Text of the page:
[Show abstract][Hide abstract] ABSTRACT: Cellular organization into epithelial architecture maintains structural integrity and homeostasis by suppressing cell proliferation and apoptosis. However, it is unclear whether the epithelial organization is sufficient to block induction of cell-autonomous cell cycle progression and apoptotic sensitivity by activated oncogenes. We show that chronic activation of oncogenic c-Myc, starting in the developing 3D organotypic mammary acinar structures, results in hyperproliferation and transformed acinar morphology. Surprisingly, acute c-Myc activation in mature quiescent acini with established epithelial architecture fails to reinitiate the cell cycle or transform these structures. c-Myc does reinitiate the cell cycle in quiescent, but structurally unorganized, acini, which demonstrates that proper epithelial architecture is needed for the proliferation blockade. The capability of c-Myc to reinitiate the cell cycle in acinar structures is also restored by the loss of LKB1, a human homologue of the cell polarity protein PAR4. The epithelial architecture also restrains the apoptotic activity of c-Myc, but coactivation of c-Myc and a complementary TNF-related apoptosis-inducing ligand death receptor pathway can induce a strong Bim and Bid-mediated apoptotic response in the established acini. The results together expose surprising proliferation and apoptosis resistance of organized epithelial structures and identify a role for the polarity regulator LKB1 in the development of c-Myc-resistant cell organization.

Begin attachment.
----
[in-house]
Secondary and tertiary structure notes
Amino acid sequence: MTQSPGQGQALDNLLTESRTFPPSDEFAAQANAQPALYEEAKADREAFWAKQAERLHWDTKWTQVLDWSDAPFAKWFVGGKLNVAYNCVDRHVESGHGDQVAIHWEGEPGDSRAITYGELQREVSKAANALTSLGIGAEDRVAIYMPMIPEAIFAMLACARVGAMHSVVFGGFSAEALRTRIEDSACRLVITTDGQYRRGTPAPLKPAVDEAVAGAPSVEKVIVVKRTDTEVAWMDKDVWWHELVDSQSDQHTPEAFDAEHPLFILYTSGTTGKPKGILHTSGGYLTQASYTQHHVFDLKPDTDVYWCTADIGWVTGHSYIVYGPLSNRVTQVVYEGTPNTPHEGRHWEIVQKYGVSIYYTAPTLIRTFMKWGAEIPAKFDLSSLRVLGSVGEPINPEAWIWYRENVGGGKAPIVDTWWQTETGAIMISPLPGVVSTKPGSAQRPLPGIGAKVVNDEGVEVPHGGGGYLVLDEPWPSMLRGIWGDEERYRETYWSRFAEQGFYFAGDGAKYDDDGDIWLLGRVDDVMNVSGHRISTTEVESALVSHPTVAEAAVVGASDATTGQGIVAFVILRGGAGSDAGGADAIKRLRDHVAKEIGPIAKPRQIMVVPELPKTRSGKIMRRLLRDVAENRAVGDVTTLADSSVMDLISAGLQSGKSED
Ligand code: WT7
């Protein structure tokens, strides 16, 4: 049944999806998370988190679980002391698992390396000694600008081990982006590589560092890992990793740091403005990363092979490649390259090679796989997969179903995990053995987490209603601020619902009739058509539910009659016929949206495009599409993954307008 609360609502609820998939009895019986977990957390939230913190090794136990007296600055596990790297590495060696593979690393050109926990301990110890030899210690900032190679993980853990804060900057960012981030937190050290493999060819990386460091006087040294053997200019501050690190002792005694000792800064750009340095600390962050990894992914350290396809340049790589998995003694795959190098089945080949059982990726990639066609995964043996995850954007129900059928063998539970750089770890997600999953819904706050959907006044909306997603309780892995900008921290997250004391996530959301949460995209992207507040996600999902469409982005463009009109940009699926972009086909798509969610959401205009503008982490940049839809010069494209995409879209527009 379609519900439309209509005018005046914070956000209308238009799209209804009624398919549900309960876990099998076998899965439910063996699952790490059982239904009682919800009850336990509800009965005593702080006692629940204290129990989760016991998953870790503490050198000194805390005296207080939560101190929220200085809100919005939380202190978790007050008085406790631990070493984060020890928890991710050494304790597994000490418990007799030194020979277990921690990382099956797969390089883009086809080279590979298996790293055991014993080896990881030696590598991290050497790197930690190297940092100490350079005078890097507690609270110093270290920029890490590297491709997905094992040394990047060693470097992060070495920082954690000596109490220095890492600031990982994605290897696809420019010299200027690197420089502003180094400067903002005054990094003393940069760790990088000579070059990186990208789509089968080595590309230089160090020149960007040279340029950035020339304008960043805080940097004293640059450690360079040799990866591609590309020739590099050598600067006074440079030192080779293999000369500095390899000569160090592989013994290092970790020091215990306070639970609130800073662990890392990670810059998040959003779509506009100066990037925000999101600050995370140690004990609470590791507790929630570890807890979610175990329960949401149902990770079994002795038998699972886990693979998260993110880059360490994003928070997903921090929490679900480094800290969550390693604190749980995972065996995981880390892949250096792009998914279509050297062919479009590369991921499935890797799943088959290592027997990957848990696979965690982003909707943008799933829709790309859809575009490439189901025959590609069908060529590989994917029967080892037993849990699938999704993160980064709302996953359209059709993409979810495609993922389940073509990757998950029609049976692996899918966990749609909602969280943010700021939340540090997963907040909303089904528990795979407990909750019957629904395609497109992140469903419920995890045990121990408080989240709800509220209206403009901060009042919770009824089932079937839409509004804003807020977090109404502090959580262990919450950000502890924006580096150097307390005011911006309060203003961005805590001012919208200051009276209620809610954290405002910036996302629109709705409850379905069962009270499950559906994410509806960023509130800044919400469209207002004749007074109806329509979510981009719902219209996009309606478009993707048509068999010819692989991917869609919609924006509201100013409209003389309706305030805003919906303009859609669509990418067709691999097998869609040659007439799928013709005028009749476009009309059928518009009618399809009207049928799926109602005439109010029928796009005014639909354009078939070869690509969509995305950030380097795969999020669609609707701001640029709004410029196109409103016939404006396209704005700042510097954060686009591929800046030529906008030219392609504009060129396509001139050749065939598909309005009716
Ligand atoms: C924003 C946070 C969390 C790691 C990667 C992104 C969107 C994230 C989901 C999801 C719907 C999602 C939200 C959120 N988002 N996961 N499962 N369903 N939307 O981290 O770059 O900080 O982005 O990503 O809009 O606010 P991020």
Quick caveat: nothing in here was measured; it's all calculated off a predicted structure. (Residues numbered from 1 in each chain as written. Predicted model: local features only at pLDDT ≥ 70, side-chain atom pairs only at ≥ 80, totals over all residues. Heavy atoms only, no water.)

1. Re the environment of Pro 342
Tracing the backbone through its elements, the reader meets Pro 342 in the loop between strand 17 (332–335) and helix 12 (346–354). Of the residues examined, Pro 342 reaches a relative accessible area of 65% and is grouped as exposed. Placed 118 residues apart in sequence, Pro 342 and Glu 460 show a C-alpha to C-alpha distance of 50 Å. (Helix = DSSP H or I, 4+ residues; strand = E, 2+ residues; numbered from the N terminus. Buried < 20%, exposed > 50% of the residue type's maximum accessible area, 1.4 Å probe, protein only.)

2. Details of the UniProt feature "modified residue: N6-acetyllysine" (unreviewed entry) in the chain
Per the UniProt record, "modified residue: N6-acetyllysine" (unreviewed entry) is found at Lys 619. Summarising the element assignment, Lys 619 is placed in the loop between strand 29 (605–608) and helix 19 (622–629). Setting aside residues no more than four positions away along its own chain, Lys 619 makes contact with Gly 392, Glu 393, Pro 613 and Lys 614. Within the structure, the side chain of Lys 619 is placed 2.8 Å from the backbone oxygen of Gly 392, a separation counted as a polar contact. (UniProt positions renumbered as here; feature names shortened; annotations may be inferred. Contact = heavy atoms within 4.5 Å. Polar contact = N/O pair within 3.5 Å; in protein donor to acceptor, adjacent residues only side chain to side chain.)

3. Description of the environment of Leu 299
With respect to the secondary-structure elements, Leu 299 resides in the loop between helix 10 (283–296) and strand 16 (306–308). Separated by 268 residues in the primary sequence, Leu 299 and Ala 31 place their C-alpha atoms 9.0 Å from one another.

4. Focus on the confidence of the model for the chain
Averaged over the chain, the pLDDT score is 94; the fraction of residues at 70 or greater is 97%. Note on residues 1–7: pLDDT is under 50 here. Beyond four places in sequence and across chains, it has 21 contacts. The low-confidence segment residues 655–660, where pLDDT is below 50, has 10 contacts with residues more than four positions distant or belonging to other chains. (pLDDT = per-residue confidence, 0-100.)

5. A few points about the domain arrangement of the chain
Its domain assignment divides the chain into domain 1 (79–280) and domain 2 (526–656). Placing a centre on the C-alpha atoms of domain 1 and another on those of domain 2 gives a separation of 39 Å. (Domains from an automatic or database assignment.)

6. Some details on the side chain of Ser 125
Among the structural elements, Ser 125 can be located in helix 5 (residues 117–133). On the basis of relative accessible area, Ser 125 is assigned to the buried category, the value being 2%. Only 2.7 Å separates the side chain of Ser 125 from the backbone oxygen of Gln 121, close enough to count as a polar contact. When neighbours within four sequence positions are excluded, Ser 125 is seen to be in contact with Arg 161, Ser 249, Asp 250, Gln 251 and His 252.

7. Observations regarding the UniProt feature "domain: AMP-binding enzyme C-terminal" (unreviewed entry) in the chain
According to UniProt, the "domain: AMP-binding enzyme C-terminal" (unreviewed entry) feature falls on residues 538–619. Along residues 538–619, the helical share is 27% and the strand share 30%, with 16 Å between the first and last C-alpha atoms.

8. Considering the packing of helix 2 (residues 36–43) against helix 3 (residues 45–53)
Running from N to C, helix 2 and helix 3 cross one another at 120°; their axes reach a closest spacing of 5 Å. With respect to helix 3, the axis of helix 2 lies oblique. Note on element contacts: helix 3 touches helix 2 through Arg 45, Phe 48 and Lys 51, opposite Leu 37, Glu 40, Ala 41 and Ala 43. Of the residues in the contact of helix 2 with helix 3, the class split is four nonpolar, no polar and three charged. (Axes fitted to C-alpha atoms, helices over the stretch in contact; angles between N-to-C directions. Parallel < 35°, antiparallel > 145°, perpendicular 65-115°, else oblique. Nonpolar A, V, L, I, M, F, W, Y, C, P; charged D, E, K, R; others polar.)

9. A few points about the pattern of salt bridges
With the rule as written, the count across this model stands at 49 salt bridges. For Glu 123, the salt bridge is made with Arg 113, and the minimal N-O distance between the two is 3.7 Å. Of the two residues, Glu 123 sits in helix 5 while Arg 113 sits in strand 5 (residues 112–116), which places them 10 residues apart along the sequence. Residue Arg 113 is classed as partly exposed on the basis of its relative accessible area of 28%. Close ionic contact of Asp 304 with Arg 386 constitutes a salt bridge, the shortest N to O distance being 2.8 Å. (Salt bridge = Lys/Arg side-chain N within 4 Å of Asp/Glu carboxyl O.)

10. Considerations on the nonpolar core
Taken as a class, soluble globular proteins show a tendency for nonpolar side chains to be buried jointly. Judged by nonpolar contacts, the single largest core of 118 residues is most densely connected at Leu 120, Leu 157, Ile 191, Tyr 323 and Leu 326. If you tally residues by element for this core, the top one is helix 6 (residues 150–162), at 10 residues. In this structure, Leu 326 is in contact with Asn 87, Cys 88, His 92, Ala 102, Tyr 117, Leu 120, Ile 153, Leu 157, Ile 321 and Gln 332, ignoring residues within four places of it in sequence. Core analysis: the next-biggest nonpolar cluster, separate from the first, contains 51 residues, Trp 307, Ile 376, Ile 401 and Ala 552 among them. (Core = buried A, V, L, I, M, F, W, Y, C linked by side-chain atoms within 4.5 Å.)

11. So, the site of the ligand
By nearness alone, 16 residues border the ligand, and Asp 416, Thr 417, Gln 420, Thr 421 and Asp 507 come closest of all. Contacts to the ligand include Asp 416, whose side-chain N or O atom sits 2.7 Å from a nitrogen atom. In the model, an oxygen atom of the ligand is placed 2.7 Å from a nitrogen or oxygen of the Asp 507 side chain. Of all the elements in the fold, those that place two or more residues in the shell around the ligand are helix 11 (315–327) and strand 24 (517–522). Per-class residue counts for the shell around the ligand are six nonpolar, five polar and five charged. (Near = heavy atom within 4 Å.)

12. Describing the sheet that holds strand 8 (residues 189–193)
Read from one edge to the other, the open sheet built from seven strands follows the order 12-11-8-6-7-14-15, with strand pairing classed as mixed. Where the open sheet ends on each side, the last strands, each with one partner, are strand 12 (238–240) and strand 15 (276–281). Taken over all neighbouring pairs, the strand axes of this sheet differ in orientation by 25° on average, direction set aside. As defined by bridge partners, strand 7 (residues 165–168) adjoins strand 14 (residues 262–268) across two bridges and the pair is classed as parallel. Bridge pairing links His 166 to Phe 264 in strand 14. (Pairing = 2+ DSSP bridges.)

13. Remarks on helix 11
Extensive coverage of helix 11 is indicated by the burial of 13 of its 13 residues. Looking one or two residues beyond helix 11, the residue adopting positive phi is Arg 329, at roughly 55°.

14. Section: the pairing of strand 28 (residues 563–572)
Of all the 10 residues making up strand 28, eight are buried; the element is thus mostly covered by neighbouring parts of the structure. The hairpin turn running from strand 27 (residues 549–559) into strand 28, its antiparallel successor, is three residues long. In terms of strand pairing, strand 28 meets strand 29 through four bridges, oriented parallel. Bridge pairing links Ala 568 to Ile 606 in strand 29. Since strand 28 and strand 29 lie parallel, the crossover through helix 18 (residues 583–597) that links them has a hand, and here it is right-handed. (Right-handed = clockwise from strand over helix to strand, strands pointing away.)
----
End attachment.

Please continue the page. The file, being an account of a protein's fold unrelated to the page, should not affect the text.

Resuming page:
Full-text · Article · Oct 2007 · Proceedings of the National Academy of Sciences
[Show abstract][Hide abstract] ABSTRACT: Oncogenic c-Myc renders cells sensitive to TRAIL-induced apoptosis, and existing data suggest that c-Myc sensitizes cells to apoptosis by promoting activation of the mitochondrial apoptosis pathway. However, the molecular mechanisms linking the mitochondrial effects of c-Myc to the c-Myc-dependent sensitization to TRAIL have remained unresolved. Here, we show that TRAIL induces a weak activation of procaspase-8 but fails to activate mitochondrial proapoptotic effectors Bax and Bak, cytochrome c release or downstream effector caspase-3 in non-transformed human fibroblasts or mammary epithelial cells. Our data is consistent with the model that activation of oncogenic c-Myc primes mitochondria through a mechanism involving activation of Bak and this priming enables weak TRAIL-induced caspase-8 signals to activate Bax. This results in cytochrome c release, activation of downstream caspases and postmitochondrial death-inducing signaling complex -independent augmentation of caspase-8-Bid activity. In conclusion, c-Myc-dependent priming of the mitochondrial pathway is critical for the capacity of TRAIL-induced caspase-8 signals to activate effector caspases and for the establishment of lethal caspase feedback amplification loop in human cells.